My good friend Dr. Peter Attia developed an interesting way to think about how we can modify our food intake to set ourselves up for success:
1. Limit the types of food we eat.
This is one reason paleo, keto, and carnivore diets tend to give people great results. By removing certain food groups, you are naturally decreasing hyperpalatibity and therefore making it easier to control how much food you eat. If you want to learn more about hyperpalatabilty of food, I talk about it extensively in my second book Wired To Eat
2. Limit the amount of food we eat.
This is perhaps the most instinctive thing to do with regards to food (just eat less), and is certainly the main advice we get from medical circles (with the results honestly being pretty poor all things considered…most people find “just eat less” to be a tough thing to do).
3. Limit the time period we have access to food.
Although fasting has been a medical and health related topic for at least 2,000 years, this is arguably the new kid on the block with regards to how we might modify how we eat. This recent review paper details the therapeutic potential of intermittent fasting (IF).
It’s a fascinating topic, but nested within the IF topic is the concept that the timing of when we eat may be remarkably important.
All things being equal, eating the bulk of our calories early in the day confers a greater metabolic benefit than eating them later in the day. Meaning that eating breakfast at 7 or 8am and wrapping up dinner at say 2-4PM may have dramatically better metabolic effects than skipping breakfast and eating between say noon and 8pm.
This is interesting and kind of a bummer as skipping breakfast tends to be easier in practice and socially than skipping dinner, or having it when most other folks are still digesting lunch.
Meal timing has gained attention with the growing understanding of the importance of circadian biology…the natural wake/sleep cycles that appear to govern all life on earth.
While food and physical activity are significant players in circadian biology, arguably the most important feature is light. With regards to the amount, type, and timing of our photo exposure, you can think about light like we think about food.
What we perceive to be light is a narrow slice of the electromagnetic spectrum that mainly comes from the sun.
You might recall from a science class that we can remember the colors of visible light with the acronym ROYGBIV (red, orange, yellow, green, blue, indigo, violet). If we inch just a bit outside the visible spectrum past red we are in the “infrared” portion of the spectrum, while just a bit past violet is the “ultraviolet” section which includes UVA and UVB radiation. And yes, as a quick side note, this is ALL radiation, so careful with how we think about this stuff.
There has been an enormous increase in our knowledge about the importance of light exposure, both in terms of type, amount, and, more recently, timing. For at least 40 years we have been told to avoid sunlight lest we succumb to skin cancer. Although well intentioned, this advice has caused more harm than good. Not only is safe, reasonable UV exposure a net win with regards to health, the timing may be critically important.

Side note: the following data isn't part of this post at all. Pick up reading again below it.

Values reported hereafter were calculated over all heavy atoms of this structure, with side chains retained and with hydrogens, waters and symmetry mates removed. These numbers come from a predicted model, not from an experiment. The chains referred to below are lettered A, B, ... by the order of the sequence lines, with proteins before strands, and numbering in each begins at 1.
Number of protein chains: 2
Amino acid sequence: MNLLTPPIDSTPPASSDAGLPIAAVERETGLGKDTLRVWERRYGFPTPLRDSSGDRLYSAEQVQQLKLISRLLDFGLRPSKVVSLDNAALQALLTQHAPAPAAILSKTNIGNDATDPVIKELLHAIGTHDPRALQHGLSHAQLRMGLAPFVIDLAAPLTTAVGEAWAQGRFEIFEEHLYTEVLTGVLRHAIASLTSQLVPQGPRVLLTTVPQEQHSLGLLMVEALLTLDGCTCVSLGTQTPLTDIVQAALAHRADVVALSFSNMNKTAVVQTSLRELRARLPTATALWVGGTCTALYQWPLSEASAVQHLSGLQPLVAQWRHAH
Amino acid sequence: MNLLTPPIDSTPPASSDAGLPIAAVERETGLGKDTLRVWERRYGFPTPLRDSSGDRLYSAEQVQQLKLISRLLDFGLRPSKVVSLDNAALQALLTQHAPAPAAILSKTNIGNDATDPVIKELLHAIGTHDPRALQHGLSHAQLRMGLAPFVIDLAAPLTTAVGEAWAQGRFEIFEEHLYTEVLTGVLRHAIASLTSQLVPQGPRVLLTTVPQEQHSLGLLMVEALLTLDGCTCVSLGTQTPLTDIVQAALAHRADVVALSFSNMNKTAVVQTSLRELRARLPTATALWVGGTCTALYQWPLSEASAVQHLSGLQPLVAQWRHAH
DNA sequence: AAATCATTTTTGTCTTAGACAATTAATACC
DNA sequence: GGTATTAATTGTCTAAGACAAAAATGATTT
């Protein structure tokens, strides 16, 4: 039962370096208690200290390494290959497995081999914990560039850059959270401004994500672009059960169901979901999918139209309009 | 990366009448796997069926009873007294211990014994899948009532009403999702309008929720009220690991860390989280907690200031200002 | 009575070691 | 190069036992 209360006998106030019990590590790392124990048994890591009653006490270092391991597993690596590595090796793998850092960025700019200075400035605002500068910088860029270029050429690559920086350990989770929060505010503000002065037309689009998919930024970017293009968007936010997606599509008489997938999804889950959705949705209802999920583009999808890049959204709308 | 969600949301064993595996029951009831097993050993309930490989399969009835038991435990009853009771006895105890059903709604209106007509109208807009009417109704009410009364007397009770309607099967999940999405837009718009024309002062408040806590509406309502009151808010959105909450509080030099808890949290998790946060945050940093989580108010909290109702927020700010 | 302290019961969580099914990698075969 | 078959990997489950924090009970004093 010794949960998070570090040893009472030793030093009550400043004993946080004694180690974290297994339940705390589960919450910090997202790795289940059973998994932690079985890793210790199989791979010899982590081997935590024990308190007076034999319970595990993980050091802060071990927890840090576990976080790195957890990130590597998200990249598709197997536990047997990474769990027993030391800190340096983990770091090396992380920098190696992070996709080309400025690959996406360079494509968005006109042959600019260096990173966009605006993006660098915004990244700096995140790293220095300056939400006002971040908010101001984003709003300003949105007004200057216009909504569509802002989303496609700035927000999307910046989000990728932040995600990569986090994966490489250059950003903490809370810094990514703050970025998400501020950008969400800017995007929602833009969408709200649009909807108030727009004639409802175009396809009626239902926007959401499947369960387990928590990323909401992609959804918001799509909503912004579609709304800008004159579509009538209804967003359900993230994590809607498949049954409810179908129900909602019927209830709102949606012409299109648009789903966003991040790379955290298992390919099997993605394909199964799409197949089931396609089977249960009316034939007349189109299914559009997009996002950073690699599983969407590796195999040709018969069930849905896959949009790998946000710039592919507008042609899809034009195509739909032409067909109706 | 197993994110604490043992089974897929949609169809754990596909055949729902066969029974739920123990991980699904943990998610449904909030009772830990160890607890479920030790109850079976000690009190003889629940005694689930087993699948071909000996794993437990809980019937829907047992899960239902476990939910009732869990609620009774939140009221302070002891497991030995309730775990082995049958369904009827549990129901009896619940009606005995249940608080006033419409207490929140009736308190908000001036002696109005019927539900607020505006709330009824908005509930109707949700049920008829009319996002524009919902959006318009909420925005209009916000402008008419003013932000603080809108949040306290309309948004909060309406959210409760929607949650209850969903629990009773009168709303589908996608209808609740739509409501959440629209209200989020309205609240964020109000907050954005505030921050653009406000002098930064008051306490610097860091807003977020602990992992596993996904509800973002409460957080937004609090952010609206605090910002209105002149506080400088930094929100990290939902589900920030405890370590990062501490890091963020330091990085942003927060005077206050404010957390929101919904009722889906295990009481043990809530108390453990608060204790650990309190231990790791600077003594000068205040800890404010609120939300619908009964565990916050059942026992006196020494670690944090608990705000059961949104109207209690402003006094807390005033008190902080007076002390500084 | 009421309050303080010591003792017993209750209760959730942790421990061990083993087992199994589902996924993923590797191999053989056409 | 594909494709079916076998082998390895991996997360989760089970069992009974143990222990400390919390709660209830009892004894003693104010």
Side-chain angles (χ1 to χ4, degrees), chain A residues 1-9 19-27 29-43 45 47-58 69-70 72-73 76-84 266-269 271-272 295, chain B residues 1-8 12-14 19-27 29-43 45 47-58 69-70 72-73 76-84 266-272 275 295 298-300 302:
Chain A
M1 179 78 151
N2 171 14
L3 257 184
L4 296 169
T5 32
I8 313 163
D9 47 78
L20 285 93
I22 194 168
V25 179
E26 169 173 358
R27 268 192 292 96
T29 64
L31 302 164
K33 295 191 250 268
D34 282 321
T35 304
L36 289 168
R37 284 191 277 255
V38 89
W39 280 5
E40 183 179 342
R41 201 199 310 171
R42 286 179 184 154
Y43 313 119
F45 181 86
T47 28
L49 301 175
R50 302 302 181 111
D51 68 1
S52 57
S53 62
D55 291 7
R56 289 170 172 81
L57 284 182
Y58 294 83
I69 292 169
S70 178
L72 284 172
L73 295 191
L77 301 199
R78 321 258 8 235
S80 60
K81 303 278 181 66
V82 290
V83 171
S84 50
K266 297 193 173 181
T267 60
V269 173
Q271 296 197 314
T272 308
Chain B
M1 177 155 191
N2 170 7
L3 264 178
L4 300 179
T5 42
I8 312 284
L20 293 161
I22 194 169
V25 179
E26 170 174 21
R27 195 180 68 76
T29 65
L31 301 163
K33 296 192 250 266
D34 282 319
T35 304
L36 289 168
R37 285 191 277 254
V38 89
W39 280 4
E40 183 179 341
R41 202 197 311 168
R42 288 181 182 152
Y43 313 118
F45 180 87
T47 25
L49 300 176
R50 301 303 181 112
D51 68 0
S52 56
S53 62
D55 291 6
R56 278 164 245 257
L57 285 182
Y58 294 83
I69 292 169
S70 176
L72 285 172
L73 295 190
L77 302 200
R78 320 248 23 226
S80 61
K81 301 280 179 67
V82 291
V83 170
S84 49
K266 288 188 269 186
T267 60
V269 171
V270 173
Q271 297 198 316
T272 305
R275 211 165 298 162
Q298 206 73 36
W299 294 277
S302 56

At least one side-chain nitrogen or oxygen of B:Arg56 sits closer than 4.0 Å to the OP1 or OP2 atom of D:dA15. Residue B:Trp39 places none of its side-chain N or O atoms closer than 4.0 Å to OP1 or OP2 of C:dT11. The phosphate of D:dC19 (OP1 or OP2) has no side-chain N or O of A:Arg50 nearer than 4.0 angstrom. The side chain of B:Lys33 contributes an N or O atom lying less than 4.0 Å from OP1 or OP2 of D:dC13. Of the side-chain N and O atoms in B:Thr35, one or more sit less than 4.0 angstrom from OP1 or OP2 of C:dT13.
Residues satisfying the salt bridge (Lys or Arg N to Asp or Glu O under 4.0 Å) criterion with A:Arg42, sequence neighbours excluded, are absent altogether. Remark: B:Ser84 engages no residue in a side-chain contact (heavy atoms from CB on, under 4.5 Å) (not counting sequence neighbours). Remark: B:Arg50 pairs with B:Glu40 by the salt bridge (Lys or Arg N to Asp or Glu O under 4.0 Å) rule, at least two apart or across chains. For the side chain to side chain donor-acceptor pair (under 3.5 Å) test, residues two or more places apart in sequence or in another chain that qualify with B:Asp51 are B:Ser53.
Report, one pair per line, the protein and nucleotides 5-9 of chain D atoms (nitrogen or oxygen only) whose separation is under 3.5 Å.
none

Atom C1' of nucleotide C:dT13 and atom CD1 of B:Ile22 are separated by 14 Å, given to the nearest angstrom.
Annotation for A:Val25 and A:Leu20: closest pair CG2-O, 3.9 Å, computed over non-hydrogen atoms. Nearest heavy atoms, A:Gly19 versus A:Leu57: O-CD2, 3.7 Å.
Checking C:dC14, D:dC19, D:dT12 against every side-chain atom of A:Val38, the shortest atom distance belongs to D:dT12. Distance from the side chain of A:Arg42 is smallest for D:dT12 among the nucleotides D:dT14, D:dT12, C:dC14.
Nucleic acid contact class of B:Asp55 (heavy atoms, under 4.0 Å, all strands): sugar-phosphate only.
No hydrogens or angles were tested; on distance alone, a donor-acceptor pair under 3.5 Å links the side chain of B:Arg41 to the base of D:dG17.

Early daily exposure to UV appears to be quite different than exposure later in the day. The exact mechanisms at play here are not well understood but it appears the body is primed, almost expecting UV exposure earlier in the day. One does not need to go all cave-man to understand how this might be a feature baked into our biological cake.
This is interesting and important stuff for a lot of health and performance related reasons. But what might we learn from this with regards to the best time to take far infrared light? Infrared light has an ever-growing mountain of research supporting its efficacy in everything from increasing nitric oxide signaling to reducing inflammation.
Not surprisingly, the optimum timing for red light therapy may be at the opposite end of the clock from when we might best take in both full spectrum light and UV: the evening.
This makes sense if we think about when early humans would have experienced the largest dose of far infrared energy. It would be via the setting sun in the evening, and this is further augmented by campfires and the background infrared radiation from the slowly cooling environment we experience in an outdoor setting.
Although this makes good sense within the context of what we know about circadian biology at large, do we have anything more concrete than musings about how our paleo ancestors might have lived? Fortunately, yes, we do.
In a 2012 study of elite female basketball players, evening red light therapy dramatically improved melatonin production, sleep quality, and recovery. This is not to say that earlier daily exposure to red light therapy will provide no benefits, but if you have the option to use this modality in the late afternoon or early evening, you may get a disproportionate benefit, not dissimilar to folks who opt for early time restricted feeding.
Wondering how you can get your evening red light therapy? There are several in-home devices that make it easy to incorporate infrared light into your daily routine. My favorite is Joovv—a leading manufacturer of in-home red light therapy devices. Click here to learn more about Joovv (and if you use my code at purchase you can pick a free gift!)